I'm creating a capture/post process workflow with small sensor files and I need your opinion.

Started Jul 11, 2013 | Discussions thread
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VisionLight Veteran Member • Posts: 4,183
I'm creating a capture/post process workflow with small sensor files and I need your opinion.

This post would generally be in the Retouching forum, but I value the opinions of the many talented and creative people here in PowerShot talk. So I ask your help to see how well, or not, I am getting close to achieving a certain type of presentation of the images from our small sensor cameras. In this case, I'm using the SX50.

As we've seen from the wonderful images posted by many members here, our tiny sensors are becoming a mainstay rather than an also-ran of good photography. And I keep trying to find the very best technical results that they can offer. Not only straight out of camera, but with the help of post processing as well. To find these increases in acuity or color precision or just general presentation, I've been doing a lot of work in raw lately to come up with workflows that give results to my liking. However today's discussion will not be about raw, but about JPEGs.

From applying a subset of my work in raw to JPEG files, I am attempting to give a certain feeling to the presentation of the JPEG subject(s). Now that is a very nebulous statement of my intentions,  but that is on purpose. I want to know if anyone "sees" what my ultimate intention is, even if just a little bit. This will give me a general idea if my real world images are headed in the right direction, or if I'm just getting delusional.  

I've put together 3 real world examples for today's test and since the Day Lillies are ablaze in my gardens, they will be the subjects. The test will be presented in three different compositions: as multiple subjects taking up the majority of the image, as multiple subjects set back in the image, and as a single subject image. Note that in the capture of the subjects there is no "lighting". The subjects were in the shade and the only illumination was from the open blue sky. The SOOC files are very flat and any sense of lighting or contrast is totally from the post process workflow. But the originals are very sharp, being carefully focused from a tripod and exposed with a cable release.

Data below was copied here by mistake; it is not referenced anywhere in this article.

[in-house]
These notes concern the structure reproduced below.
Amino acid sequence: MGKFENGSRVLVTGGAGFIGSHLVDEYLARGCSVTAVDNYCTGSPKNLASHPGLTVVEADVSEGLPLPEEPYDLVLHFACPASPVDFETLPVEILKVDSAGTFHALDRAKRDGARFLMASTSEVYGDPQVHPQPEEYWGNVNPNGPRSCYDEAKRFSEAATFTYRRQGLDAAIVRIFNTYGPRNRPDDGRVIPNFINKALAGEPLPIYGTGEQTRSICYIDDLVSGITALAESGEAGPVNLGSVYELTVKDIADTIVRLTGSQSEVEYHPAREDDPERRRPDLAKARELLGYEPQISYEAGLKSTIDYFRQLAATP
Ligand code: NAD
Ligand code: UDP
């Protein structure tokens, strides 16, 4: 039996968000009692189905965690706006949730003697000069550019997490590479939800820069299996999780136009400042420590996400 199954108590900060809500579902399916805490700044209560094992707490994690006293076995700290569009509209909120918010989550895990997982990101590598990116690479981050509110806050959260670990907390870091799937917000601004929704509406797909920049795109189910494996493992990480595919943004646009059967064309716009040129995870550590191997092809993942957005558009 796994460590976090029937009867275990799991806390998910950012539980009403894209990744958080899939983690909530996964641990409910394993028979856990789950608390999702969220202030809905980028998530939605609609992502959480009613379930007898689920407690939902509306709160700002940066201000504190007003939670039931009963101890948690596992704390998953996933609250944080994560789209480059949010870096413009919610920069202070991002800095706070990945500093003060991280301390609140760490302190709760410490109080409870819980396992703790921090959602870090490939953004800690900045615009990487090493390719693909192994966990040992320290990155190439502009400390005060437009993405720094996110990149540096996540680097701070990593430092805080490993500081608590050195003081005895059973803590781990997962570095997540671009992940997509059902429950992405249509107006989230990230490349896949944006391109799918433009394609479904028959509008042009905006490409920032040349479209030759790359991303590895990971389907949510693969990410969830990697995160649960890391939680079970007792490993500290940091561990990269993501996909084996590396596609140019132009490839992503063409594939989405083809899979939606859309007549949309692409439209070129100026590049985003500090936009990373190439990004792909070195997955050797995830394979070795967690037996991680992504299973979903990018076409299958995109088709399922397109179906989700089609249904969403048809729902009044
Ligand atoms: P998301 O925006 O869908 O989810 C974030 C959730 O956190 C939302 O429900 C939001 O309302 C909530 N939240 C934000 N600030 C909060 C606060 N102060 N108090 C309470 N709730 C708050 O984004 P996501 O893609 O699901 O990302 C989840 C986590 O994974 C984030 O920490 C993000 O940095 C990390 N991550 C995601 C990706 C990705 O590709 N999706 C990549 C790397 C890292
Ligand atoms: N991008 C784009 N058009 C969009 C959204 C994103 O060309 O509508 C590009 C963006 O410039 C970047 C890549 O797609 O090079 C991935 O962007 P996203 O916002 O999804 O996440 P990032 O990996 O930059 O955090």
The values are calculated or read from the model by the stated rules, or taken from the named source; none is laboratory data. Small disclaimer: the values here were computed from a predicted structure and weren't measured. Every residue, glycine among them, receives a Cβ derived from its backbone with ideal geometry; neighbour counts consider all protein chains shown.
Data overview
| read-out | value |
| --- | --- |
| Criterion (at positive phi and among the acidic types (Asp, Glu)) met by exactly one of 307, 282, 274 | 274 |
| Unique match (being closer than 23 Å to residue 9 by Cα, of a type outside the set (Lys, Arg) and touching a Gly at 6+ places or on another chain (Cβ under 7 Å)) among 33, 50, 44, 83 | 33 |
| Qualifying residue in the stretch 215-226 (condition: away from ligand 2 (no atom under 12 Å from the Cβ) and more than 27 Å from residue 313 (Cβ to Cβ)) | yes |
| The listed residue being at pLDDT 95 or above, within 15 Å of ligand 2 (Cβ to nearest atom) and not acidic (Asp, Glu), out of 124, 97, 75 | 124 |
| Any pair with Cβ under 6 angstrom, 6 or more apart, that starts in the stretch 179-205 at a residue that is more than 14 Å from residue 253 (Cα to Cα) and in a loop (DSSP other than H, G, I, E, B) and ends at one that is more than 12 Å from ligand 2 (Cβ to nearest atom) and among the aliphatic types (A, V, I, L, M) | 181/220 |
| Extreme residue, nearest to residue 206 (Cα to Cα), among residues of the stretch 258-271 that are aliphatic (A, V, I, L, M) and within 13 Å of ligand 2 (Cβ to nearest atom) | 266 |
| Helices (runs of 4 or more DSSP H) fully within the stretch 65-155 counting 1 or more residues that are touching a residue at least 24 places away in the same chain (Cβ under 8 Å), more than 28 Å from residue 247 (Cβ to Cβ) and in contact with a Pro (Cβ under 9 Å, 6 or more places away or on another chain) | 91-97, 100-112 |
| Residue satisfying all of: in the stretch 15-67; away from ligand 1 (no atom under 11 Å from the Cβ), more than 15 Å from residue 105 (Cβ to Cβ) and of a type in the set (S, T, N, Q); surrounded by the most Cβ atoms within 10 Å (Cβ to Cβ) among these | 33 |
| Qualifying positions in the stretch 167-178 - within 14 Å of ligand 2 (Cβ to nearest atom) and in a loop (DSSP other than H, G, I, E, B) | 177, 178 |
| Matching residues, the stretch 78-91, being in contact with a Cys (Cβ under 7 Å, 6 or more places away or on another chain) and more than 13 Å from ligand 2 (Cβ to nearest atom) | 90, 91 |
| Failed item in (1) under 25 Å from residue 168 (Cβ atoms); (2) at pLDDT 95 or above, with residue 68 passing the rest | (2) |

So, do you see anything "different" about these images, even if just "a feeling of . . ." Maybe not, and that's OK. I'm experimenting. Also tell me if you think the images look a little phony, like they are too processed. When I first started this experiment, my wife would quickly point that out each time. I never have to worry about her not telling me exactly as it is. But one of the reasons I am posting these examples here is that this time it took her a minute before she commented, almost an eternity. I took that as at least a beginning in possibly reaching my goal.

So your comments, good or bad, are appreciated. (Note to Monica and Stephen B: since we've talked a little about this before, please word your comments at first to something like "it looks like you're getting there" or "it's not getting there yet" without mentioning my intention. Just so that others may get a chance to give an opinion on what they think I'm trying to do. Thanks.)

All right, enough talk, talk, talk. Here are the images:

Multiple subjects covering most of the image.

Multiple subjects set back in the image.

A single main subject.

Besides all the "technical stuff", I hope you like the images as well.

Thanks for commenting,


 VisionLight's gear list:VisionLight's gear list
Samsung NX1 Canon EOS M5 Samsung 16-50mm F2.0-2.8 Samsung 50-150mm F2.8 S Canon EF 100-400mm f/4.5-5.6L IS USM +3 more
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